Then She Found Me

Posted on: 23rd September 2008  |

Director: Helen Hunt
Starring: Colin Firth, Helen Hunt, Bette Midler, MatthewBroderick, Salman Rushdie
UK Release date: 19 September 2008
Certificate: 15 (100 mins)

Helen Hunt’s directorial debut sells itself as a romantic comedy, but in spite of bravura performance from Bette Midler comes up short on the laughs. It plays so loosely with the genre’s conventions that it is almost disappointing that the lovers resolve their problems and create their happy post-modern family: the conclusion undercuts much of the film’s disturbing emotional honesty and grafts a sentimental resolution onto a surprisingly acidic depiction of love and heart-break.

The couple at the centre of the film- April (Hunt) and Frank (signifier-of-romance Colin Firth) - are both clearly damaged by their recent break-ups and their jerky, doubt-filled relationship contains as much desperation as passion. Despite the montage and protestations of April, their affair looks like nothing so much as a rebound, two badly hurt individuals clinging to each other and trying to cope with the difficulties that their character flaws bring upon them. Bette Midler as April’s birth mother is manipulative and vulnerable, insecure and brash, bringing a cynical perspective to the couple’s passions and desperately trying to do the right thing, even though she admits her lack of any moral compass.  The plot emerges from the unflinching characterisation and as a study of human fallibility it is remarkable.

Even more remarkable is April’s ongoing relationship with God and her Jewish faith.  The familiar myth that the Judeo-Christian tradition is a monolithic moral and spiritual entity is sharply undermined by April’s very specific Judaism. The film is littered with rituals and prayers, and the final resolution sees April accepting both herself and a deeper understanding of God’s nature.  April’s journey, which begins with a traditional Jewish wedding and ends in a multi-cultural modern family of races, faiths and adoptions, is illuminated by Jewish folk tales and observances. She argues with God in a manner that is far more common in the Old than the New Testament.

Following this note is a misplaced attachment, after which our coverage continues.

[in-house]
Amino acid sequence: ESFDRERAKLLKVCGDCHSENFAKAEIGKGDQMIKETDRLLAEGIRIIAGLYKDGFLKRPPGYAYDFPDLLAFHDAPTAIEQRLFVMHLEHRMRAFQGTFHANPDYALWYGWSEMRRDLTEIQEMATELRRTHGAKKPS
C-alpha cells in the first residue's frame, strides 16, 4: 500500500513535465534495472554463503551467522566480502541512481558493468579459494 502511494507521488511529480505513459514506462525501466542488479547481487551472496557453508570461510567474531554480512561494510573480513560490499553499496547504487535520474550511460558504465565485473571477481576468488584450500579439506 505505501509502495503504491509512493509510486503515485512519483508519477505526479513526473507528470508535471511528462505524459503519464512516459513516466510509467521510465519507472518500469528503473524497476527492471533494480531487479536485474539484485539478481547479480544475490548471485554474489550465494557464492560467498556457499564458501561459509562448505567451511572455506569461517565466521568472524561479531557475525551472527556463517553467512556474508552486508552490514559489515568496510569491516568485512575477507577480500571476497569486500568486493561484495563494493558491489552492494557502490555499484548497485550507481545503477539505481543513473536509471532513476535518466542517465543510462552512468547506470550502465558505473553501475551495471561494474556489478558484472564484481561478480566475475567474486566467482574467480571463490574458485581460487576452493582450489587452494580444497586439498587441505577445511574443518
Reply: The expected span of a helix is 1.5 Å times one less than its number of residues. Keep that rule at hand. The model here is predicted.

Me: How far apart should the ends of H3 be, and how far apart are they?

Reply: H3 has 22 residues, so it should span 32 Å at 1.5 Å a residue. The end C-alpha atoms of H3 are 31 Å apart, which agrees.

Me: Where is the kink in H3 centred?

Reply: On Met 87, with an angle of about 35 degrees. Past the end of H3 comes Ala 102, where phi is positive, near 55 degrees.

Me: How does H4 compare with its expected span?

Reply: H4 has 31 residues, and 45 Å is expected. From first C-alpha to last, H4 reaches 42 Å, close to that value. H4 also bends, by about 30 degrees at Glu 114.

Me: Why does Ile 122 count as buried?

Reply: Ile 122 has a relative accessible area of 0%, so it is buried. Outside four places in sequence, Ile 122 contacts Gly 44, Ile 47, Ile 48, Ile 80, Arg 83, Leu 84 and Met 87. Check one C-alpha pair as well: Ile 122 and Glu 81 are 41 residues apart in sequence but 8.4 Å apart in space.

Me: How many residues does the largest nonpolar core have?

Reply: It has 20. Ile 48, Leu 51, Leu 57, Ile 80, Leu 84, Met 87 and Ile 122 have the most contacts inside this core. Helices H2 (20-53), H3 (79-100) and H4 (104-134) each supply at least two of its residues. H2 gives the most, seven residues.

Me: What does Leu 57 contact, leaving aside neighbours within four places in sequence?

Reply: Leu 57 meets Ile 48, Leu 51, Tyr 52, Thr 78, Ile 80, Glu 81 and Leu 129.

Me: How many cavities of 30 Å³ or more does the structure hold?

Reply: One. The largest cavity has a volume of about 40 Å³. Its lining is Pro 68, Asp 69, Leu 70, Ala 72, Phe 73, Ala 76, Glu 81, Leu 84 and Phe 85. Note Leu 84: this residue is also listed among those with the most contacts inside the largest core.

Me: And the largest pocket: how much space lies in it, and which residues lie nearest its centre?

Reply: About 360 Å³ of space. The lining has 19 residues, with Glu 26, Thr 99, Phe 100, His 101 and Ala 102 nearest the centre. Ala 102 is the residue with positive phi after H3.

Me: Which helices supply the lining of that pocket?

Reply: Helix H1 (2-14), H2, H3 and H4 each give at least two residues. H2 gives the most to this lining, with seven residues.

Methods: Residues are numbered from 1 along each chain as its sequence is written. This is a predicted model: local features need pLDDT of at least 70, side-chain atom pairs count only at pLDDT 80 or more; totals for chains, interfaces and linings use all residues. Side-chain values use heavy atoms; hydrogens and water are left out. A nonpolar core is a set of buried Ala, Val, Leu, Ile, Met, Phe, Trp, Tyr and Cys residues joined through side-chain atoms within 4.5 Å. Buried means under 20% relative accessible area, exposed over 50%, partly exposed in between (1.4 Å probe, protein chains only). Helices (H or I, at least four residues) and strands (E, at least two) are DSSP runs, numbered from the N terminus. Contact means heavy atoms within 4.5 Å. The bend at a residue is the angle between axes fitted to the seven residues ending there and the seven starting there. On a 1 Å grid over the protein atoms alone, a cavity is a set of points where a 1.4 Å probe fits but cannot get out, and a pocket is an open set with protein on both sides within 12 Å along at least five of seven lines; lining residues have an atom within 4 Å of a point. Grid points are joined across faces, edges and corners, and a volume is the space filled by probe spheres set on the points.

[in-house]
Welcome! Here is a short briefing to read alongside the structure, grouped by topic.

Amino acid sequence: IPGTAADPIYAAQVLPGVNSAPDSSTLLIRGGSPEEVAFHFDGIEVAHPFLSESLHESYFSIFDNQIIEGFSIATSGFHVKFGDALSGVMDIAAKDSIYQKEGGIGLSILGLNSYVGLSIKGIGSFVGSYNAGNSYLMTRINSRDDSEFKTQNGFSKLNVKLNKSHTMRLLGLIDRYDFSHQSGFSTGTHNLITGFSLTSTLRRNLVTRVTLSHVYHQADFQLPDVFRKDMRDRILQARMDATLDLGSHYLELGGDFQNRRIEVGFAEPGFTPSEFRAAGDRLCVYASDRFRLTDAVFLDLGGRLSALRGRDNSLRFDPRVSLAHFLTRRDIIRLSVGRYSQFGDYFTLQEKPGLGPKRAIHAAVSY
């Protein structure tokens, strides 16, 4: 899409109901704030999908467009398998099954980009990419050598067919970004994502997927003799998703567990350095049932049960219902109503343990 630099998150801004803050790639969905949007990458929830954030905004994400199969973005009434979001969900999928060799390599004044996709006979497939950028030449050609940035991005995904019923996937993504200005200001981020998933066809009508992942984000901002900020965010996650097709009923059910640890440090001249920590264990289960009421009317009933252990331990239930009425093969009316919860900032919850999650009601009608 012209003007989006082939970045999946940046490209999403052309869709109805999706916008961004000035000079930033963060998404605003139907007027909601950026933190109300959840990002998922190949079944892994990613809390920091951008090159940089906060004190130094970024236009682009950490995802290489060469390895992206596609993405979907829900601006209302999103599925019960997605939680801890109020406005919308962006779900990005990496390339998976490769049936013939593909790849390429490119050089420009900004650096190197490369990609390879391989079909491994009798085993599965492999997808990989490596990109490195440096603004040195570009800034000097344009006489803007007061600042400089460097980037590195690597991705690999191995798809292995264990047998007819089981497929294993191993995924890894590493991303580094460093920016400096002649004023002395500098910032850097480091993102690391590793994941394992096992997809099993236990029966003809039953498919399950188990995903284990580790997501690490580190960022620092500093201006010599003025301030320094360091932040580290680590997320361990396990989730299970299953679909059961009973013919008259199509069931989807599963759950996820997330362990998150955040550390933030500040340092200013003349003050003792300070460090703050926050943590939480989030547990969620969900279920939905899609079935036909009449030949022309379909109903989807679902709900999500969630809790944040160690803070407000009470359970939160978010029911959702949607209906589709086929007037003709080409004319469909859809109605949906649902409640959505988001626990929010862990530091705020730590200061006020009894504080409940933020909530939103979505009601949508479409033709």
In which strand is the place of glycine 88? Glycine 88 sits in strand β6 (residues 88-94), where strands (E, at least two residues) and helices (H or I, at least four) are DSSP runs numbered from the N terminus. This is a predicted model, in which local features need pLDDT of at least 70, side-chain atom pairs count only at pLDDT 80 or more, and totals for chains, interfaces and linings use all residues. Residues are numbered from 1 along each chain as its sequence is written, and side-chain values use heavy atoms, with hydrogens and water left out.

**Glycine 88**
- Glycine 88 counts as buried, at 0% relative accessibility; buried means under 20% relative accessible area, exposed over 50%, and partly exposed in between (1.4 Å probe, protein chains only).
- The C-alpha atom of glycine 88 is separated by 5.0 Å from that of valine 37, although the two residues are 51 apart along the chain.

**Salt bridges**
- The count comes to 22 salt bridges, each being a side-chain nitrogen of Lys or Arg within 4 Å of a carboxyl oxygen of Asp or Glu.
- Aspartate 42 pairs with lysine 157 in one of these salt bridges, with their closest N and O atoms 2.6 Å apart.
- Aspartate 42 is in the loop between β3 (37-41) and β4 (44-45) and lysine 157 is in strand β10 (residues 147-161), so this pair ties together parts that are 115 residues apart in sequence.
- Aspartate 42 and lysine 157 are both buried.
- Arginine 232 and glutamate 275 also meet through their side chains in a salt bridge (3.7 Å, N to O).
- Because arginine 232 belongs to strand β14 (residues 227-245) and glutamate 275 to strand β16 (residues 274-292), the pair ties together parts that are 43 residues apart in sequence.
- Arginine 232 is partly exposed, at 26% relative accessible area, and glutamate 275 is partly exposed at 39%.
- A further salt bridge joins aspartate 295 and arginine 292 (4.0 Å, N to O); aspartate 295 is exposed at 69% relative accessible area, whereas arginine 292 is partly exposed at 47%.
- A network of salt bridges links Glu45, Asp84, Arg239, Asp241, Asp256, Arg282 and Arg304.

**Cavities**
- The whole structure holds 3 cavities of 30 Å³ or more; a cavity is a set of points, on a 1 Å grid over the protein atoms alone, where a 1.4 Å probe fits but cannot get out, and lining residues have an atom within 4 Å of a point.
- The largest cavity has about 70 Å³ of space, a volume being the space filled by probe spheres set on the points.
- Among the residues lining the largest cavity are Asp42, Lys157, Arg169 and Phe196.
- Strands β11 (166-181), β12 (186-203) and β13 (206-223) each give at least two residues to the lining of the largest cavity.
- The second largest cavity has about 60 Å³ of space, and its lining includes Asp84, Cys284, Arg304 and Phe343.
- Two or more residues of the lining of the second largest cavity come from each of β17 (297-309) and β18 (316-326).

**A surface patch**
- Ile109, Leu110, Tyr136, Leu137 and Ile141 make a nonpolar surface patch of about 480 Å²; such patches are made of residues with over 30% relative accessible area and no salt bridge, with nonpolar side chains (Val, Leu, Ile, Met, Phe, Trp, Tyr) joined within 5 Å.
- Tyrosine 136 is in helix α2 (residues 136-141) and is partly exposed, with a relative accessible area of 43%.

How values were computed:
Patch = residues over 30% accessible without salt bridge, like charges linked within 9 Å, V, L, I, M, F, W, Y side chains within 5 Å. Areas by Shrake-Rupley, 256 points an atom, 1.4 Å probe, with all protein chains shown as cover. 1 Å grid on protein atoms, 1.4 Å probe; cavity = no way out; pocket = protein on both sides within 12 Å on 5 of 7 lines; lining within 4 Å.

The film stands on the strength of April and Frank’s chemistry. They are uncertain, angry, carrying baggage and frightened both of intimacy and absence. The early exchanges are tentative, fiery, but their love moves far too rapidly to the sort of eternal romanticism that exists only in stupid rom-coms. It is only the conventions of the genre that make this desirable or even acceptable. The subversion of those conventions is what makes the film an unexpected treat, and Hunt is on shaky ground when she forces the finale.

A strong script, a willingness to present both physical and emotional imperfection on screen, a few laughs from Midler and a complex portrayal of human relationships: Hunt has made a movie that engages with mature issues in a thoughtful way. There are missteps. Salman Rushdie makes a bizarre appearance as a doctor and Matthew Broderick,  as April’s immature husband, is such a stereotype that it is incredible that anyone would marry him. And the ending is almost a betrayal of the film’s integrity. April and Frank are obviously together for the wrong reasons, and even a speech cribbed from The Eternal Sunshine of the Spotless Mind cannot short-cut the obvious time and attention that their relationship would need.

Gareth Vile

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